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Smart Thinking

The development of smart technology and subsequent creation of smart homes has been talked about for years, and since the announcement that all new dwellings in England will have to be carbon neutral by 2016, the topic has rocketed up the electrical industry’s more

Alastair Ramsay of Legrand talks to EPA about the impact smart technology will have on wiring devices and related installation processes.

“Even though the smart home concept has been around for years, the stumbling block it faces today is very much the same one it encountered when it was first trotted out on programmes such as Tomorrow’s World. That is, convincing the sceptics that it is an affordable reality.

Of course, if it’s proven that it can play an important role in helping housebuilders achieve the Government’s carbon neutral target, then a large step will have been taken in navigating this obstacle. But until then, the focus is very much aimed at convincing contractors that the technology is not the stuff of sci-fi, but rather based on simple to understand and install systems that really can transform any home.

In order to do this you first have to understand the concept of smart homes; what they are and what they can deliver. In essence a home is made smart by the integration of a structured wiring network that allows for separate aspects of the home environment to be controlled centrally and work together to enhance a living space. These technologies can then be harnessed in any number of ways to create a wide variety of scenarios that will prove beneficial to the homeowner.

For example, a green smart home could be developed with the aim of enabling the homeowner to reduce their impact on the environment by providing energy usage information, control strategies and automated operation of products. Meanwhile, a lifestyle smart home would be aimed at providing added benefits that cover everything from intelligent entertainment systems to on-line, on-demand services.

These two brief examples highlight one pertinent fact – that, without a proper understanding of smart technology, large numbers of contractors will be left confused by what, on the face of it, seems like a total reinvention of their trade.

Thankfully, things aren’t as complex as they sound. Put simply, a network needs to be created as the foundation for a smart home system and, at present, there are four main technologies, or carriers, which can be utilised to deliver this – mains cables, Wireless Fidelity (Wi-Fi), proprietary 2+ wire and Category 5e network cables.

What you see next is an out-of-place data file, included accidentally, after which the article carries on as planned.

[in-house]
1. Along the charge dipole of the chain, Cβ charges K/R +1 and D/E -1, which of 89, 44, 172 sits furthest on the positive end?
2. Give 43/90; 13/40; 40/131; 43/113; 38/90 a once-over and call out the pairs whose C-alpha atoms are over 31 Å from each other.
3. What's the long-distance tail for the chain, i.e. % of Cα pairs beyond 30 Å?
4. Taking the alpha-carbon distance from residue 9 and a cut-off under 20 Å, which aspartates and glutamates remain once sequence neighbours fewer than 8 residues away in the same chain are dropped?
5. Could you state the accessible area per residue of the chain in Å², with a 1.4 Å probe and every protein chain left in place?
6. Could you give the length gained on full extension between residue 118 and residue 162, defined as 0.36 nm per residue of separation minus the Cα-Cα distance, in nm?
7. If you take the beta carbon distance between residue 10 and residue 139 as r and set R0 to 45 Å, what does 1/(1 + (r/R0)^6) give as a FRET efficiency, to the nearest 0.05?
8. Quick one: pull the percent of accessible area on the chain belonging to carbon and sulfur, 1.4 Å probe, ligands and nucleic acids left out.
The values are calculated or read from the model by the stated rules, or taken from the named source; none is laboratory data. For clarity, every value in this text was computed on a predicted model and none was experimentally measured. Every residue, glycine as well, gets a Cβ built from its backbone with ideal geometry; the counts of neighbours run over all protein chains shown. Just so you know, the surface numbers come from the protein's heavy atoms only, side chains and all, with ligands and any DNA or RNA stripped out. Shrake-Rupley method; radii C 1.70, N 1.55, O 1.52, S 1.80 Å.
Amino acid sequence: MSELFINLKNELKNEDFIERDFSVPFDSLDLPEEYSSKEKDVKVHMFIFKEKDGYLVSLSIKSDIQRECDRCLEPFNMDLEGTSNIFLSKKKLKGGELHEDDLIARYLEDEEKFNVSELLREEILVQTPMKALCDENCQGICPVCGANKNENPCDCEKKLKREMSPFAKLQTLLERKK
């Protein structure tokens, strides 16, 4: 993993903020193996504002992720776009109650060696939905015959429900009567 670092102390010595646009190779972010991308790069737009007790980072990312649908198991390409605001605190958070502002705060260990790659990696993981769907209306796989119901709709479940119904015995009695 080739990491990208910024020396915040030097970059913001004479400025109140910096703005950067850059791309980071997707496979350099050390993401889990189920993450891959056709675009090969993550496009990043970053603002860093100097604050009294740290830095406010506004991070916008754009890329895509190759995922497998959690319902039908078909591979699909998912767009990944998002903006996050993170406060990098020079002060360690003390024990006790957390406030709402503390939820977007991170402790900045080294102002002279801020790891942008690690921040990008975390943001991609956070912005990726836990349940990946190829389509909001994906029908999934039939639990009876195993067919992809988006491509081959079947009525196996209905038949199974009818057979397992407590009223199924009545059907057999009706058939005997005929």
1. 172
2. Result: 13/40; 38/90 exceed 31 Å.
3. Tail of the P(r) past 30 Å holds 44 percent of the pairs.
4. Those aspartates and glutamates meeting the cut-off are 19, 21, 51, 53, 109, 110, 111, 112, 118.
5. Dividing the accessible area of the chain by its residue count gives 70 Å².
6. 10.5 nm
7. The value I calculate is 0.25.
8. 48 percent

Using any one of these platforms as a basis, the question that next needs to be addressed is how are they harnessed in order to deliver a smart home system? Simplistically, there needs to be an interface between the operating system and the smart technologies and this is provided by wiring devices.

However, the smart home demands that these technologies need to work together to help harmonise a range of previously independent services.

So, what does this mean for wiring devices?

Well, there will be changes, but not as many as people would assume. From the end users perspective the key alterations will be in the types of controls used, which will be caused by an increase in the requirement for momentary push type switches that are able to send signals to remote control devices across the circuit.

Meanwhile, contractors, installers etc will find the new controls will increasingly need to be powered by the presence of a neutral source and, due to the in-built intelligence, will require deeper back boxes of 40mm or more. Additionally, there will be new functions, such as scenario controls and touch activated screens, and some of these will need to be accommodated in backboxes other than regular 1 and 2 gang flush mounting boxes due to their larger dimensions.

The manufacturers are paying particular heed to the installer and, as such, the most significant change is an overwhelmingly positive one, with the new generation of home system components being designed to need a lot less specialist knowledge and skills to install than previously needed.

These recent devices have introduced technologies that include self diagnostic tools and, in many cases, self-installation processes. In addition, much of the programming in these systems is delivered by a combination of ‘plug & play’ and simple ‘learn’ facilities. All of which combines to enable contractors to install functions that are a great deal more advanced than the products and systems they have previously worked on with very little additional training.

What all of this demonstrates is that while the functions of a smart home go far beyond anything many of us will have come across before, the job of installing such a system is very much in keeping with current installation practices – no thanks in part to the cement that wholes it all together, the wiring devices.

Legrand’s recently launched a Synergy lighting control system and its other Synergy system modules for audio, video and networking boast both ‘plug & play’ and ‘learn’ facilities.

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